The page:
As world food prices threaten an increasingly urban population, there is a greater need for poor people to have access to and claims over where and how food is produced and distributed, especially within marginalised urban settings. The global movement for food sovereignty has been one attempt to reclaim rights and participation in the food system and challenge the corporate food regime. However, food sovereignty is often considered a rural issue for developing countries when, increasingly, its demands for fair food systems and rights are intensely urban. Through interviews with scholars, activists, non-governmental and grassroots organisations in Oakland and New Orleans, I examine the extent to which food sovereignty has progressed in a US urban context as a concept, strategy and practice. In doing so, I contrast and compare food sovereignty to other dominant movements such as food justice, and find that while many organisations and urban agriculture programs do not draw on food sovereignty explicitly, the understandings and motives for driving urban food activism are similar across movements―in the trenches, local actors draw on elements of each movement in practice. Overall, however, because of the different histories, geographic contexts, and relations to the state and capital, the strategies and approaches of food justice and food sovereignty still differ. I conclude that the depth of food sovereignty in the US urban context is largely mitigated by neoliberal framing and political dampening, mainstreaming the approach and lessening its radical framework. Relevance to Development Studies Countries are in constant states of ‘development’. As landscapes, livelihoods and globalisation continuously shift more towards the city, development stud-ies must bridge more rural-urban divides. The United States is an interesting and important case study for its contradictions in poverty and roles in power and influence. This paper examines US urban social food movements to ex-plore their potential in relating and connecting to more politically radical social movements like food sovereignty; one that challenges the very roots of capitalism and power structures found in the US, while calling for new and more democratic pathways. This study is an attempt to shed light on collaborative ways forward in re-developing our global food system.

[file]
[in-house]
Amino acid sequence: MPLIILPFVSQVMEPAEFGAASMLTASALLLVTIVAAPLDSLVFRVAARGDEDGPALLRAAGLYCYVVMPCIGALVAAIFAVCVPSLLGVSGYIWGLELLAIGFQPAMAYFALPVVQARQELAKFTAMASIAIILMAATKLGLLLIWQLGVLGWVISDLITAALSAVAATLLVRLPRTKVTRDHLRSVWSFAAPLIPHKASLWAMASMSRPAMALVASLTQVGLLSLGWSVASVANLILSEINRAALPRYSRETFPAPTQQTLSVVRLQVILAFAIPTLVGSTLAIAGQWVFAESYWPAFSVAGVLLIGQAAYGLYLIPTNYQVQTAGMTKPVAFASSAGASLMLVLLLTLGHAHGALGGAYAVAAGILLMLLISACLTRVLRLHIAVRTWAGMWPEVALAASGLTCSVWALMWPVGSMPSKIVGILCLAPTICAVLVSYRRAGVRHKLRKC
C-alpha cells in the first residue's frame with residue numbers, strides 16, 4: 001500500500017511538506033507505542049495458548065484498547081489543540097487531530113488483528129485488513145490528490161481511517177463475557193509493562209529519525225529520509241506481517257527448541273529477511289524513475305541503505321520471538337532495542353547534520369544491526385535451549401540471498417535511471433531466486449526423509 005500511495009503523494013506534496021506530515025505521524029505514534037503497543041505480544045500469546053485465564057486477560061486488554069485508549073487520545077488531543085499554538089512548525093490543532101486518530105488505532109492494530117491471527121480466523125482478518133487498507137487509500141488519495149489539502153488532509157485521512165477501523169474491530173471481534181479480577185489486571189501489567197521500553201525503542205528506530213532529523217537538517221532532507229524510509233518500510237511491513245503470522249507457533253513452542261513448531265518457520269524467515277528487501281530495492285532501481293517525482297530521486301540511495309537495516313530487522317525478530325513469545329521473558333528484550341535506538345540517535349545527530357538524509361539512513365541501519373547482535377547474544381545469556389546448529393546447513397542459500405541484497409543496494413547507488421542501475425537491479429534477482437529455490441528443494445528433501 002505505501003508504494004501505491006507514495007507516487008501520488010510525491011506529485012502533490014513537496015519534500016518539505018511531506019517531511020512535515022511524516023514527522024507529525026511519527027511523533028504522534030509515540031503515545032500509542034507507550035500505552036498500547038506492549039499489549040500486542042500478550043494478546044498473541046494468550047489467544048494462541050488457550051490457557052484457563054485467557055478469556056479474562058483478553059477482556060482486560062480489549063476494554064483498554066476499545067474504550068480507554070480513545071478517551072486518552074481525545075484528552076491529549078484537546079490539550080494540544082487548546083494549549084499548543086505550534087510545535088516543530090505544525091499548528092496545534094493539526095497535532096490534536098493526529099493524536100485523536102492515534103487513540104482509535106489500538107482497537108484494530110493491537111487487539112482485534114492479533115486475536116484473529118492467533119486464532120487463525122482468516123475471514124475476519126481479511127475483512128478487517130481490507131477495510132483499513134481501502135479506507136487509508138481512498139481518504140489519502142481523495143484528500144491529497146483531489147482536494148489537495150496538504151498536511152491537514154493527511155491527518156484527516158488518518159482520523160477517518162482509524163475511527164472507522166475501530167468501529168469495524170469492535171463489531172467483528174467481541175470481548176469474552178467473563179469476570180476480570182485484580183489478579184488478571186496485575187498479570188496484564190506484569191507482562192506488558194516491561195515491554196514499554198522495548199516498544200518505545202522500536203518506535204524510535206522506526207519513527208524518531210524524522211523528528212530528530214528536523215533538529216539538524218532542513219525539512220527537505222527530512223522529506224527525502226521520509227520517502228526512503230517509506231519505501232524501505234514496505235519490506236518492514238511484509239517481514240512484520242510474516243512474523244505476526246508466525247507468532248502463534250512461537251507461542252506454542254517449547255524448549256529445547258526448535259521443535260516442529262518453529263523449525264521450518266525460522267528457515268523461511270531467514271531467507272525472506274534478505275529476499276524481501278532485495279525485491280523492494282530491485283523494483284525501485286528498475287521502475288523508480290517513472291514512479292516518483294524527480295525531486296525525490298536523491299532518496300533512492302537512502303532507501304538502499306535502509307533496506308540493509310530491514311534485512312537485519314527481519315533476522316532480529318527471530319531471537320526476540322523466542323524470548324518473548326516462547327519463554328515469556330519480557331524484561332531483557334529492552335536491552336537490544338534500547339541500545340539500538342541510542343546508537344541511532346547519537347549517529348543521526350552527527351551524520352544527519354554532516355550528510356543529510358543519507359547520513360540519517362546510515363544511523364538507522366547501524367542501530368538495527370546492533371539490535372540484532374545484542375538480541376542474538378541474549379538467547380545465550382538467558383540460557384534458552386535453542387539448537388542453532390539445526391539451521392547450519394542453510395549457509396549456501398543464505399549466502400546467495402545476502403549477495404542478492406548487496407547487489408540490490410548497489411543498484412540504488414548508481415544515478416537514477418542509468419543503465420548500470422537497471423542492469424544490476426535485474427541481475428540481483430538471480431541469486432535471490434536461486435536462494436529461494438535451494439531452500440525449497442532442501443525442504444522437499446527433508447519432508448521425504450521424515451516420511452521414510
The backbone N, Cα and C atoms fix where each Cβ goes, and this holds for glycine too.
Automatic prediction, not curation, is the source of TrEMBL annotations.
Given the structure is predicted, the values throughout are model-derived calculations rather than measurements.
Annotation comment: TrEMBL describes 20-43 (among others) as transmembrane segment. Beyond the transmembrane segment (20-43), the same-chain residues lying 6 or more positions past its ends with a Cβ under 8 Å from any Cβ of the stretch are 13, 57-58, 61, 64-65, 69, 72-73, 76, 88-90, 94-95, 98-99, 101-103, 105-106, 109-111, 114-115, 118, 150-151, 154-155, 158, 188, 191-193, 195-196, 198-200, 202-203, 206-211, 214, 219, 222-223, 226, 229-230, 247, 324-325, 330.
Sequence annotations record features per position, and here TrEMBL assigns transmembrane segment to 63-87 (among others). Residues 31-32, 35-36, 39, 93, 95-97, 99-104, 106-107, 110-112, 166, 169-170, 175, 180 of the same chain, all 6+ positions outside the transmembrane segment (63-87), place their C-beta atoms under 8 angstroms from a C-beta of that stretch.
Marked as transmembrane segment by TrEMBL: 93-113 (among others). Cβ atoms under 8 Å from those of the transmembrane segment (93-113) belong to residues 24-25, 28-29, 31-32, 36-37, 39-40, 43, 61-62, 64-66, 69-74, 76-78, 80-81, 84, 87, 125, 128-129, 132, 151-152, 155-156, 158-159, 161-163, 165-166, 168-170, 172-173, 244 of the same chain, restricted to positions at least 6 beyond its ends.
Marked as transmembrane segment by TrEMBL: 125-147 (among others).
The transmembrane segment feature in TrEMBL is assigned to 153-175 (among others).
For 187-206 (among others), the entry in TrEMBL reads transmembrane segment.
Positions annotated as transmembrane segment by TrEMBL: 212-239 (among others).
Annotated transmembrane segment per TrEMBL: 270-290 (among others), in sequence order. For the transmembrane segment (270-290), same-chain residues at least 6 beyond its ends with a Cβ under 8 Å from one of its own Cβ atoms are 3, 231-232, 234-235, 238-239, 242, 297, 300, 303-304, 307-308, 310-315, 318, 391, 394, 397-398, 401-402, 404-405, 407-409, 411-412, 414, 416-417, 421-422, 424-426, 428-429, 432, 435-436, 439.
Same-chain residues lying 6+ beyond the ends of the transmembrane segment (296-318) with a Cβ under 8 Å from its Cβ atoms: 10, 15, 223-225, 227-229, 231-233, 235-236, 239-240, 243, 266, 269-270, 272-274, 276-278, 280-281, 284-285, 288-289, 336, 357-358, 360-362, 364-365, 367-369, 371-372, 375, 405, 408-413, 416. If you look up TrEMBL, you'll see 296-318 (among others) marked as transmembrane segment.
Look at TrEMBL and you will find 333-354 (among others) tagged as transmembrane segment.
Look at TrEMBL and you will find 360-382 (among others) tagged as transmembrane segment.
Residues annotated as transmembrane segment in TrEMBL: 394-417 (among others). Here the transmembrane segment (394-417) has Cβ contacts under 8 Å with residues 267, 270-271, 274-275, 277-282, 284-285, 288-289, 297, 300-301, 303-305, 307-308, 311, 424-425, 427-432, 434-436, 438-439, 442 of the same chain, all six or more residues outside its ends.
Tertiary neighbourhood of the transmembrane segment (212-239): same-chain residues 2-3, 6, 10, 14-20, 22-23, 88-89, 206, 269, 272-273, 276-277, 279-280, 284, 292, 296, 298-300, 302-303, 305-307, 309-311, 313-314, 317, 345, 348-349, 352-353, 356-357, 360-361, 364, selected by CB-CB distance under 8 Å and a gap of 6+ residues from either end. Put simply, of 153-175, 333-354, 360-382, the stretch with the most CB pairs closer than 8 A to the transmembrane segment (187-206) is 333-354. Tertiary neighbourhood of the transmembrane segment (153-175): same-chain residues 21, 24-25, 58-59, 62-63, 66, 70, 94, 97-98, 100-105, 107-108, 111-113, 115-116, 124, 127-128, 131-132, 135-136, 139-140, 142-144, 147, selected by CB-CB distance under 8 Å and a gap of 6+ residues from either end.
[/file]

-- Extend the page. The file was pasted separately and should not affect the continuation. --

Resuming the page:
Additional Metadata
Keywords food sovereignty, food justice, food movements, food regime, social move-ments, urban agriculture, United States
Thesis Advisor Borras Jr., Saturnino M.
Persistent URL hdl.handle.net/2105/10699
Series Environment and Sustainable Development (ESD)
Citation
Clendenning, Jessica. (2011, December 15). Between empty lots and open pots: understanding the rise of urban food movements.. Environment and Sustainable Development (ESD). Retrieved from http://hdl.handle.net/2105/10699